Many of us in the UK have misgivings about the landmark Cavanagh Judgment. Not least because it looks like the Judge built his decision on two flawed central pillars of expert evidence.Pillar 1
Para 5 of the Judgment:
"...The presence of a fungal bracket at or near the base of a tree is a sure sign of impending failure and would have mandated emergency treatment; most likely felling of the tree."
The presence of a fungal bracket most emphatically isn't a sure sign of impending failure. This point in the claim isn't contested by the defendants in the Judgment.Pillar 2
The age of the fungal bracket.
Witley PC's expert persuades the Judge they can accurately age the fungal bracket from the number of pore tube layers. An expert to the court should know you can't do this. The bracket could've been as young as about one year.
From the above evidence, it looks like the Judge had little choice but to prefer the shortest inspection frequency offered by the experts that would find the bracket, which was 18 months to 2 years. The Judgment appears to be flawed because key evidence is flawed. Not least because if we extend the logic of Pillar 1, we need to inspect high-risk trees (sic) in high-risk zones (sic) every day, between spring and late autumn, in case they've produced a fungal bracket and failure is 'impending.'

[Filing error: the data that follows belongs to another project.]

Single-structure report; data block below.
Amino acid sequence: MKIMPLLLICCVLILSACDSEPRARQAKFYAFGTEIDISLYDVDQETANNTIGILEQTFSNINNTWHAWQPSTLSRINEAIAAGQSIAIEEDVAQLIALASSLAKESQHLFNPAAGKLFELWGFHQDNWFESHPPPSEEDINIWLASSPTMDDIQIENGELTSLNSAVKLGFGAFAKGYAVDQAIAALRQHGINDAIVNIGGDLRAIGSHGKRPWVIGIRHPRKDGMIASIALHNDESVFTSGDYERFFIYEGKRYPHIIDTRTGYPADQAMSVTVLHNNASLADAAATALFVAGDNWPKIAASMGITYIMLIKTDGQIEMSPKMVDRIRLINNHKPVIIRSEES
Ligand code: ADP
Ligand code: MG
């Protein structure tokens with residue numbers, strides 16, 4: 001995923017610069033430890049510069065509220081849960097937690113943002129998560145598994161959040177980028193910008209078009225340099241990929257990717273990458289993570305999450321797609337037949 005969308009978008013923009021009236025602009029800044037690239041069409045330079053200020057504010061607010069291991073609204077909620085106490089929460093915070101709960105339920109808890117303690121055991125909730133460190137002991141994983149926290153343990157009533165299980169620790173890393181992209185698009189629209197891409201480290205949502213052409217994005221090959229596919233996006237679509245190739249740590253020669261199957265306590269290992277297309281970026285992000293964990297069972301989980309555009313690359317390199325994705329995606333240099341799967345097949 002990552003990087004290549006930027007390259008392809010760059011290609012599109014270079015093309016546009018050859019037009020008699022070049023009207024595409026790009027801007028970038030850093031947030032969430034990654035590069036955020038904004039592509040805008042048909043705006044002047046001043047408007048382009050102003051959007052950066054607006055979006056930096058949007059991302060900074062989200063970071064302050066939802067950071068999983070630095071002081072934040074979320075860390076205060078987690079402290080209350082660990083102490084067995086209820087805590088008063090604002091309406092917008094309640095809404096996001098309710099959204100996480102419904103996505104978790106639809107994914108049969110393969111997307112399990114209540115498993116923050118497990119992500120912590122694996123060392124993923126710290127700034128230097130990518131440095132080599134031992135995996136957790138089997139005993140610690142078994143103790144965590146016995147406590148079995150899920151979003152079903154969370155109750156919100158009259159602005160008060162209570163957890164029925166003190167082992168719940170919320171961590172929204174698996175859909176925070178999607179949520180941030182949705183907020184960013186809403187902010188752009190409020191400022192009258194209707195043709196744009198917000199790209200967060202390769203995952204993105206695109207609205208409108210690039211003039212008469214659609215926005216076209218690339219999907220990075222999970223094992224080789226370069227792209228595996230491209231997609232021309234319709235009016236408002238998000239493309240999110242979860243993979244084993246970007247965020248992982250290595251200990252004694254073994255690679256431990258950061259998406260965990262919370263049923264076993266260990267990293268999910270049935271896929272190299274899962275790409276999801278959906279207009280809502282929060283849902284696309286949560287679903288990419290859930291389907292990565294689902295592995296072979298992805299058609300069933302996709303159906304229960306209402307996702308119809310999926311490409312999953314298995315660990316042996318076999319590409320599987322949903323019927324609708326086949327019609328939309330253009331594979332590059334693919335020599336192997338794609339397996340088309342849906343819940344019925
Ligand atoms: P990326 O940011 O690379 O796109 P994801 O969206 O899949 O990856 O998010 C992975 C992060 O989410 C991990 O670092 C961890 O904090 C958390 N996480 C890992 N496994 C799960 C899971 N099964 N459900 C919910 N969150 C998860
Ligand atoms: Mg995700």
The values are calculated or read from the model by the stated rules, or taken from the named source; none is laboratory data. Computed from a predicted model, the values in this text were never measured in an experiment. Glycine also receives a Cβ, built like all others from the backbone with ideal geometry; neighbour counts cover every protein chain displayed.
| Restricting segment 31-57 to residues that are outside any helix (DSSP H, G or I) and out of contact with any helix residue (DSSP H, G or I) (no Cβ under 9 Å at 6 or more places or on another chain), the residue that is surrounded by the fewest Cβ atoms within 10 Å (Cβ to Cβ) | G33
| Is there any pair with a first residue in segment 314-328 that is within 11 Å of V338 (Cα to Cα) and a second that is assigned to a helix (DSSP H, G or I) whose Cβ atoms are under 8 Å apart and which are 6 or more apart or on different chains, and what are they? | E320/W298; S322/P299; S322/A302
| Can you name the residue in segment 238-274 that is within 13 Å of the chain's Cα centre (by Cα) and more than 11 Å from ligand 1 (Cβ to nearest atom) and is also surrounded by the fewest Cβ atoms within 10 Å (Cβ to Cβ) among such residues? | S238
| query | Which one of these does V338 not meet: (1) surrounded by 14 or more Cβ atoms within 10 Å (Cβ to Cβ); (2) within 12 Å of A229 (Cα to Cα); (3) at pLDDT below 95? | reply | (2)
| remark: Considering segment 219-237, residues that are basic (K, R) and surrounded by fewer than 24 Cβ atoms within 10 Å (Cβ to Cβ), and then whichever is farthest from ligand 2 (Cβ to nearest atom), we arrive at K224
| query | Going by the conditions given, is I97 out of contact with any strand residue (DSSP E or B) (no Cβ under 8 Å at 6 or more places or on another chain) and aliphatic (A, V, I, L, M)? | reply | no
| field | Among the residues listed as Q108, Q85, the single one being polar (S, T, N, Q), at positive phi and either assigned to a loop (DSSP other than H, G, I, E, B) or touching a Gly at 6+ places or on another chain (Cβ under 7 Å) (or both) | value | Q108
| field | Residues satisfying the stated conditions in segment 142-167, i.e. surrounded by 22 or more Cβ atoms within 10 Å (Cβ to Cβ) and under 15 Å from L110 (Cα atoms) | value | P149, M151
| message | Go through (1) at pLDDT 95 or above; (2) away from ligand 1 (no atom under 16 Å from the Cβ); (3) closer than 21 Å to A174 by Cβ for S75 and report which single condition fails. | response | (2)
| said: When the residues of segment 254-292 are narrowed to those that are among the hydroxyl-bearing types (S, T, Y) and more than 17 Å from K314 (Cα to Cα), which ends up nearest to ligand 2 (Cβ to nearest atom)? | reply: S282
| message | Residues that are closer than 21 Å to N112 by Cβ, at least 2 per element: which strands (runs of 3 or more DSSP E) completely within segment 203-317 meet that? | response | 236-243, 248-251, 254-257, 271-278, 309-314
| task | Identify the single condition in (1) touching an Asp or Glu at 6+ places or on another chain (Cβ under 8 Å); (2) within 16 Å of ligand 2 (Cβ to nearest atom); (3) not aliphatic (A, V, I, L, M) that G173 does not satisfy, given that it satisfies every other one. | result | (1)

We explore the role of these key pillars of expert evidence, and more, in this LinkedIn article. It also takes a wider perspective of expert witness evidence, tree risk, and court Judgments in the UK.
To get a better understanding of what evidence the Judge had to work with, we asked DWF (Solicitors for Witley PC) whether they would release the expert reports and joint statement. The experts refused to disclose their reports.
We then made a formal request under the Environmental Information Regulations (2004) to Witley PC. They referred me to DWF, who reported back that the experts refused to share the contents and disclosure couldn't be forced under the Act. Similarly, Witley PC's insurers said they cannot release the expert reports without their permission.
Finally, under the impression that a Civil Judgment (and Appeal) meant the expert reports are in the public domain, we applied to the Queens Bench Division. After what has been well over a year, they finally got back to us and said expert reports in Civil Judgments are not public property.